Although the majority of Gegen die Wand is set in Hamburg, the film uses few establishing shots of the city. Most of the scenes take place inside homes, bars and clubs. The various clubs Sibel and Cahit visit, both together and alone, increase the instability of their lives, whereas the domestic space of Cahit’s flat forms the backdrop to scenes that move the pair closer to a conventional life. The scene in which Sibel cooks Cahit traditional Turkish food is exemplary. For the first time in the film Sibel performs the role of conventional house-wife with pleasure, and their relationship begins to resemble a typical marriage.
But if the film is seen as a melodrama, its narrative structure does not allow for this moment of quiet happiness to last. Instead, the equilibrium is brutally ruptured, making it impossible for the couple to continue as they are in Hamburg. The action moves to Istanbul, this other city that has been constantly present in the sub-text of the film, as well as visibly present in the musical interludes that divide the film in chapters. In Istanbul both Sibel and Cahit have to recalibrate their Turkish and German identities. The music scenes present a picture-postcard view of Istanbul, whereas Sibel’s lived experience of the city again favours underground dives and snack bars. Cahit’s low point comes in Hamburg, but Sibel’s comes in Istanbul, in a mirroring of the dominant parts of their identities. Away from both her family and the ‘nervous stimulations’ of Hamburg she is somehow able to rebuild her life in a way that is healthier for herself – but the film does not show us how. We can speculate that a lengthy hospital stay may have forced a routine onto her, in the same way Cahit’s prison sentence does with him. Or is it that she’s become a mother? Either way, when Sibel meets Cahit again in the suitably internationally named Hotel de Londres both have found their mental wellbeing separately from each other, which prevents them from re-living the intensity of their past relationship.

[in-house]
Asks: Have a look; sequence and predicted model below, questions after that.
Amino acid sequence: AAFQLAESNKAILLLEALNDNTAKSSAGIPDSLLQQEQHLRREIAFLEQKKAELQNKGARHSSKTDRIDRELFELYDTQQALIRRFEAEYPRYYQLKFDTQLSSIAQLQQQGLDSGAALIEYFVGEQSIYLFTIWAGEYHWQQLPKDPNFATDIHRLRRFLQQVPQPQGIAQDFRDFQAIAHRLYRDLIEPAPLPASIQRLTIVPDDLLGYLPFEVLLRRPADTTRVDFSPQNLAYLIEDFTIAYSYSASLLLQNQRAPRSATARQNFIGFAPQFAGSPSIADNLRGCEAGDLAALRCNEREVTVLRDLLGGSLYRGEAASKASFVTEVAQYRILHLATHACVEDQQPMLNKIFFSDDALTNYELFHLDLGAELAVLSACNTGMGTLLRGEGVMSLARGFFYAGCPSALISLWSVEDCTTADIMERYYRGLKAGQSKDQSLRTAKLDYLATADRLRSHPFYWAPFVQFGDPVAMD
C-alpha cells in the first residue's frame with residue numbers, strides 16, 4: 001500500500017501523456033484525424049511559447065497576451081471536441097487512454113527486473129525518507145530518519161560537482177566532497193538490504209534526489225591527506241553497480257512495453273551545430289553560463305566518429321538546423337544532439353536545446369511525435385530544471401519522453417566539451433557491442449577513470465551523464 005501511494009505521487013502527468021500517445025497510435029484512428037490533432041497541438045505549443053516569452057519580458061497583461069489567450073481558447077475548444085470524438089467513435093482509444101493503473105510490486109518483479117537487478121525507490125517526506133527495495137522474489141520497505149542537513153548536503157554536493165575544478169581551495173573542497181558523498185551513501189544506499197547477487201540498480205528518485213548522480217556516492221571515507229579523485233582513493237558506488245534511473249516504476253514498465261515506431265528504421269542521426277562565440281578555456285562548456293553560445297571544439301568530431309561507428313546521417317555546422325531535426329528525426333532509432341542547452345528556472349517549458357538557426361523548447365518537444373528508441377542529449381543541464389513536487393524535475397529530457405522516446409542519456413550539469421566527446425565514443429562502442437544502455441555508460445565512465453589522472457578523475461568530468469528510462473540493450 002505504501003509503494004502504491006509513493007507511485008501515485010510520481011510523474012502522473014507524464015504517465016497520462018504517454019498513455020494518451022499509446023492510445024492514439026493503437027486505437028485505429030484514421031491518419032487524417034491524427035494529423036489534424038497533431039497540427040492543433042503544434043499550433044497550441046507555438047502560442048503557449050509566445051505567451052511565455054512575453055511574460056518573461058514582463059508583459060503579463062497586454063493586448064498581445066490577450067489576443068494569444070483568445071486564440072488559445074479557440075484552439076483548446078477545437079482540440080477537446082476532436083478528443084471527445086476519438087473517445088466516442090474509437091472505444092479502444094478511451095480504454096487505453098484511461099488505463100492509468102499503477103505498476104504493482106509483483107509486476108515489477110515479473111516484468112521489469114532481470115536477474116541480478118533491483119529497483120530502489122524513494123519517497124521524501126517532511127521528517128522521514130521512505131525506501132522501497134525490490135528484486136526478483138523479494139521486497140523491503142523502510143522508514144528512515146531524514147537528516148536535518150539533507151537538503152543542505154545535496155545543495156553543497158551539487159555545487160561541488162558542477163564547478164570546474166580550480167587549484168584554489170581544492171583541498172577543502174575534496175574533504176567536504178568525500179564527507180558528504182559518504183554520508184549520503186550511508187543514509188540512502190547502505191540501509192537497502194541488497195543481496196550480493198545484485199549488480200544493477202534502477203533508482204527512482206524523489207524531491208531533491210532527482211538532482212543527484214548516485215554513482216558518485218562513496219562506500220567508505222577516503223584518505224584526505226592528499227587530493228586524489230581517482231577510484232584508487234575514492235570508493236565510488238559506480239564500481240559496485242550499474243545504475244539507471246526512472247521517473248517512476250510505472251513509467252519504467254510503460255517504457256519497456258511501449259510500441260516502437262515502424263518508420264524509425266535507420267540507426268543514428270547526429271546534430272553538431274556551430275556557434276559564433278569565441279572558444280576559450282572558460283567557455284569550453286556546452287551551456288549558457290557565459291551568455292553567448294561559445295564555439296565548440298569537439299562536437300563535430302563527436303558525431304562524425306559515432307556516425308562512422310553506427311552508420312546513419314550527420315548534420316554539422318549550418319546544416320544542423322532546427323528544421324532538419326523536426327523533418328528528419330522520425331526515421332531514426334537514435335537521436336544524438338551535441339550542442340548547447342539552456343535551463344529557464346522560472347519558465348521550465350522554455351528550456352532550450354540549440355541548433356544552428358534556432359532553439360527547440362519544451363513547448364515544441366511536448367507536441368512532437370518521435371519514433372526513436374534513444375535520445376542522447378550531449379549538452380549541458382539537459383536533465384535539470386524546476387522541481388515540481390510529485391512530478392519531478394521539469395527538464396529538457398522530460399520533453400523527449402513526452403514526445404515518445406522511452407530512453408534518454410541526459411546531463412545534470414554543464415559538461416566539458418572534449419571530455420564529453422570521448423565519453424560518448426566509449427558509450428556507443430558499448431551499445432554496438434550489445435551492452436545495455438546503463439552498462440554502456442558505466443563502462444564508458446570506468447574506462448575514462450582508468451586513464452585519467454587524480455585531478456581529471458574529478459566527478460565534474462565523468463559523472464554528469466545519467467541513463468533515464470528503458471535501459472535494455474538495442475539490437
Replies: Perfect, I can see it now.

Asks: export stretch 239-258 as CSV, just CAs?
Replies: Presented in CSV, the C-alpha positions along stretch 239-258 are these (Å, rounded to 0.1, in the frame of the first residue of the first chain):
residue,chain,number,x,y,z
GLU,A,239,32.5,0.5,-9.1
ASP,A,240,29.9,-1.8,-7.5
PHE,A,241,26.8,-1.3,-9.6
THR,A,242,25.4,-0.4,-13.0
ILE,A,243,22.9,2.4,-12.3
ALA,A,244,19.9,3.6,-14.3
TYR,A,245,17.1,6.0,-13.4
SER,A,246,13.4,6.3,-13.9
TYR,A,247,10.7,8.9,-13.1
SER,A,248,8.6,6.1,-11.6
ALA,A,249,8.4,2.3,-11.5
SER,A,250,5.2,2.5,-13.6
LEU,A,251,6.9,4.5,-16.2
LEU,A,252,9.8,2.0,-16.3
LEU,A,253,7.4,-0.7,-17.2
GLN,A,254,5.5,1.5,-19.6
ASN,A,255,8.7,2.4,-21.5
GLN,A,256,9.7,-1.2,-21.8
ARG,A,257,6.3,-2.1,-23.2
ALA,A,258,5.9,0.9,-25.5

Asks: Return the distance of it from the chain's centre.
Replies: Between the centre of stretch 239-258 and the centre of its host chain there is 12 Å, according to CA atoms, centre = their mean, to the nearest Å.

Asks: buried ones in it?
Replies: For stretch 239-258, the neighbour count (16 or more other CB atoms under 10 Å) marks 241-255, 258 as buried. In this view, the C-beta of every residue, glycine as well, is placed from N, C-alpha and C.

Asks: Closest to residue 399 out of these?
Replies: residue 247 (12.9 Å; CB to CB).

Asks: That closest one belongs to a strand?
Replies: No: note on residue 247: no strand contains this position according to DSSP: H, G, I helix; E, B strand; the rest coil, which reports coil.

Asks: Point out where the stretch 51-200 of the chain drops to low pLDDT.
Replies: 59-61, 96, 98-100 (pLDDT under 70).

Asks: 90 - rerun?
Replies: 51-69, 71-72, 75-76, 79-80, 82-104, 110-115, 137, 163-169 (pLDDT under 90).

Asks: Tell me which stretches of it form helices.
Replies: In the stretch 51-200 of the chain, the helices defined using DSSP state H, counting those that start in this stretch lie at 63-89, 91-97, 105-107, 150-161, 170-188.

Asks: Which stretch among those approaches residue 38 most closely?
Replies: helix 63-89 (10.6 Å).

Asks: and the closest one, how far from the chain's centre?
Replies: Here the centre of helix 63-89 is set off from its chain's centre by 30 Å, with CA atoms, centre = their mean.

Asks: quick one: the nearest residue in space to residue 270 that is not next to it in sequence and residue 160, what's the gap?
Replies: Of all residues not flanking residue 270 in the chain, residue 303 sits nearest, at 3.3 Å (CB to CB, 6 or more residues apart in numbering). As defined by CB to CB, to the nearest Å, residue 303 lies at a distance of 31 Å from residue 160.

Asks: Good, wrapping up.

– Mara Arts – May 2016